How This Impacts Organic Produce
The Canadian Organic Trade Association (COTA) is concerned. Why? Changes also affect the organic sector because its protocol is essentially 5% of the accepted level (MRL).
This means even your certified organic foods would contain higher amounts of glyphosate. And your non-organic foods will contain MUCH higher amounts of glyphosate in many cases.
So purchasing organic is not just a question of the nutrient density of food, it’s a question of farming practices, soil health, biodiversity protection, animal and wildlife protection, toxin exposure, and pollution. And given the wildly escalating rates of human cancers, we can’t ignore this aspect of food production if we are doing a cost / benefit analysis.
We also can’t underestimate our purchasing power. When more people started purchasing organic, the amount of organic products in normal grocery stores proliferated. And prices came down. This is the kind of impact we can have when we support organic farmers with our dollars.
But is Organic Food More Nutritious?
This is a grey area and hotly debated. Many articles will say that there are negligible differences in the food produced organically vs through chemical agriculture. I have to wonder, are these studies done on products grown in the lab and exposed to one chemical at a time or with products grown in the soil of an organic farm vs products grown in a commercial field, sprayed year after year with multiple chemicals? I think the nutritional differences would be marked in the latter scenario. And, given the difference in taste between organic and commercial produce and meat, it would seem there is something qualitatively different on a cellular level.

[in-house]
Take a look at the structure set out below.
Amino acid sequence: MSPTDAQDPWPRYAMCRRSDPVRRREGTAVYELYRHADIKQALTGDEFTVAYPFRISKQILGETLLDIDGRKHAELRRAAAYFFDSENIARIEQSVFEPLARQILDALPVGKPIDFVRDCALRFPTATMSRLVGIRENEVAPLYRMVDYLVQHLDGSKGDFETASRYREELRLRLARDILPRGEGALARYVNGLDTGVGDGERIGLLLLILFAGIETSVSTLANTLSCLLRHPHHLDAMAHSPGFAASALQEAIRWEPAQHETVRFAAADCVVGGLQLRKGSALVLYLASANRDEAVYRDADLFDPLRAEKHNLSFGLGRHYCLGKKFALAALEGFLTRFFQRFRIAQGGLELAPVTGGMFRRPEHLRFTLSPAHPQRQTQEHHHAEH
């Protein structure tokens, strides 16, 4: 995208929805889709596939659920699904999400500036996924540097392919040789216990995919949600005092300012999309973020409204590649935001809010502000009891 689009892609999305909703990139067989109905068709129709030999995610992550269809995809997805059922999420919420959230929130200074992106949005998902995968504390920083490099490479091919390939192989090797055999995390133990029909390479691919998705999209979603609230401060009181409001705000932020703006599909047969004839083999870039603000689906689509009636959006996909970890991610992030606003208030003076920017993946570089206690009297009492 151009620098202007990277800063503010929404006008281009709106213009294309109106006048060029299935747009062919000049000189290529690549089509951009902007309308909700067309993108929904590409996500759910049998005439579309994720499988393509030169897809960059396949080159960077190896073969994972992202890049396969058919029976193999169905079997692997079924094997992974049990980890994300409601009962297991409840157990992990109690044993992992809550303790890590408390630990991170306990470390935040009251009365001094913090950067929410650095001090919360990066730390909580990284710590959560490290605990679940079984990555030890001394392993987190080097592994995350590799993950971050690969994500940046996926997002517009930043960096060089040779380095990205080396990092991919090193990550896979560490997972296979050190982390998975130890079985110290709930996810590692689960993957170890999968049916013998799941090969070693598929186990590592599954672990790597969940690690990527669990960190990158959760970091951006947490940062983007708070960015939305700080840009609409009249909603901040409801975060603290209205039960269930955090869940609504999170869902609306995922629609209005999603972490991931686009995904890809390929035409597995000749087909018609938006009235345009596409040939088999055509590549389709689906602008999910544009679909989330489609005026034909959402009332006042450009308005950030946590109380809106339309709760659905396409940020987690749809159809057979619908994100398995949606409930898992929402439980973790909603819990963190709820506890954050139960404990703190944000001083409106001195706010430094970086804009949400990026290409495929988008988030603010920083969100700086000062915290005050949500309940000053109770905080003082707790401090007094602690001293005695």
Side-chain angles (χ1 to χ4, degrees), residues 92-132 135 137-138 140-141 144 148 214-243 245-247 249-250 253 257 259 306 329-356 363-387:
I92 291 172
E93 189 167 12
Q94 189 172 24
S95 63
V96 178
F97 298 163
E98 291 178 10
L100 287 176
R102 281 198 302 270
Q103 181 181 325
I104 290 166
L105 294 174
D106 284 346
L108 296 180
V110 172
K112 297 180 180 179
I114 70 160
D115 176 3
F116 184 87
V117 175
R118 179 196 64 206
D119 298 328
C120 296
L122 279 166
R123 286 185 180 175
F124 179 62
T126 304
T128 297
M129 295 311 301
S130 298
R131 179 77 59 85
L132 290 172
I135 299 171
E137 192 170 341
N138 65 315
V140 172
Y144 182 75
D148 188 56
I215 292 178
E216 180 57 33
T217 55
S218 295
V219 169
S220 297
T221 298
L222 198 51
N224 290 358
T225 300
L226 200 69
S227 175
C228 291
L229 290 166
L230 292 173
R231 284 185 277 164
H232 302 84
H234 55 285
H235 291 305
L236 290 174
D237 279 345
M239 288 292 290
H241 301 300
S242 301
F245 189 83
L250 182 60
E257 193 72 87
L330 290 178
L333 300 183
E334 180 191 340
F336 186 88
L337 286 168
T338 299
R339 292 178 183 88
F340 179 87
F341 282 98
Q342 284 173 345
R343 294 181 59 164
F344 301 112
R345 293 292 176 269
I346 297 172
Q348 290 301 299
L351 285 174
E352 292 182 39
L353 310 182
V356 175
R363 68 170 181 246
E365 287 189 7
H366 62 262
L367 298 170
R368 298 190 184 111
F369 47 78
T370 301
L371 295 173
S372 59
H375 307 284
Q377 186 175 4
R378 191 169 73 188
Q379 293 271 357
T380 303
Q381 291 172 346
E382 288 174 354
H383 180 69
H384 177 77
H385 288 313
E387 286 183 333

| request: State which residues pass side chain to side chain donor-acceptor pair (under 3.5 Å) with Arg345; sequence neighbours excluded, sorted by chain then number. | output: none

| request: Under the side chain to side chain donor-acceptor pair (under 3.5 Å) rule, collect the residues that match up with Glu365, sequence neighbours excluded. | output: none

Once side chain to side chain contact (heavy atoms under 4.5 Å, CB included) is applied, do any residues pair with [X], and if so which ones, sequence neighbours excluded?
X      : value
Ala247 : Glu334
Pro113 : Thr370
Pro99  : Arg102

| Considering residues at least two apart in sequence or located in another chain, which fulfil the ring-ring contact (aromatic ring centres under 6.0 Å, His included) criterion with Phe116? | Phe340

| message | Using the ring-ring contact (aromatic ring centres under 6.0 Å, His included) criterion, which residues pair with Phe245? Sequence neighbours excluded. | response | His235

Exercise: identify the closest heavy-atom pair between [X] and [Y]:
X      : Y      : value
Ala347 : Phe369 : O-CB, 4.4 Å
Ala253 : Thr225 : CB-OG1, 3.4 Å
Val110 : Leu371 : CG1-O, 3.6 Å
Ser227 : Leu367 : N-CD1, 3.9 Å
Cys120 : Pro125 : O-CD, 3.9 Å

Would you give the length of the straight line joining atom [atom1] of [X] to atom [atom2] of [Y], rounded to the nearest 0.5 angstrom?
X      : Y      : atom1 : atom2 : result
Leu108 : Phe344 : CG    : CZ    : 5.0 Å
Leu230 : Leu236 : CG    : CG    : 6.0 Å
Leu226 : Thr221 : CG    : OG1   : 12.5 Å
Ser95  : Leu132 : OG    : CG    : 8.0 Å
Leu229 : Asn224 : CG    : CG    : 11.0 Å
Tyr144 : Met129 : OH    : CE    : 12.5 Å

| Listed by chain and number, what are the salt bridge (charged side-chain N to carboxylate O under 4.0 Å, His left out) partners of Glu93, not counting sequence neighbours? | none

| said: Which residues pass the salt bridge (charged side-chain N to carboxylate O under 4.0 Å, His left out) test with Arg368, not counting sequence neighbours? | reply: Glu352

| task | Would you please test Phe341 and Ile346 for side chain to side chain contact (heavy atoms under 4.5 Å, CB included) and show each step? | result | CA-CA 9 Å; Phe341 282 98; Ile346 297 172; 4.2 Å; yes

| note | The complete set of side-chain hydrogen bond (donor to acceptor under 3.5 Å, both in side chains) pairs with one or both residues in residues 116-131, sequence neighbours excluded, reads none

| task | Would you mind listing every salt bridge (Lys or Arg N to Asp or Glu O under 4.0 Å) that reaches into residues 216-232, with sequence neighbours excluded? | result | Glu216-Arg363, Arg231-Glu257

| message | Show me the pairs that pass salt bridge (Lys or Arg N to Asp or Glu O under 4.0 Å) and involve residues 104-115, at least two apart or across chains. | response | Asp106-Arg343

We do know, however, that there is some nutritional difference:
Organic produce has shown higher levels of antioxidants and flavonoids. (source)
Organic milk and meat have up to 50% more omega 3 than non organic. (source)
Organic grains have less cadmium when compared to commercial grains. Cadmium is a highly toxic metal. (source)
Which Organic Foods Are Most Important?
What it comes down to for many people is minimizing exposure to toxins. As a result, my recommendations are as follows:
Oils and fats: only consume organic oils and fats or those from organic (or sustainably raised, grass fed) animals, as toxins accumulate in fats.
Dairy and eggs: only consume organic dairy and eggs for the reason listed above.
Meat: give preference to grass fed, wild game, or organically produced meat and consume not only muscle meat but bone and offal, to practice sustainability and for greater nutritional value.
Seafood and fish: search for natural, not farmed, and sustainably sourced fish and seafood, with preference for smaller fish. Use as much of the fish as possible, again to be sustainable. If you don’t eat it all you can use it in your garden.
Fruit: organic is best unless it has a very thick skin, as fruit is largely water and absorbs toxins significantly.
Vegetables: organic when possible and always for leafy greens. For a full list of the essential fruit and vegetables to purchase organic go here.
Foods I absolutely won’t purchase if not organic: Fats and oils, strawberries, apples, grapes, celery, lettuces, kale, collards, spinach, and all my greens.
So, to answer this question, we have to think about not only our health with our food purchases, but the health of our communities, our soil, our water supply, and our livestock. As such, I fervently recommend organic produce and organic or sustainably raised, grass fed livestock wherever possible. Developing a relationship with local farmers is a good first step. Even better - growing your own food at home in organic, composted soil and raising your own chickens for eggs if your community allows it. A small backyard coop is very affordable and isn’t difficult to manage. Additionally, it’s a great way to use up kitchen scraps.
I hope this is helpful. Tune in next week for a deep dive on dairy and dairy alternatives. Which is the healthiest and why? As always, if you have a question for the column, you can write to me at email@example.com. If you want clinical care know more about what I do, you can find me online at hopenotdope.ca.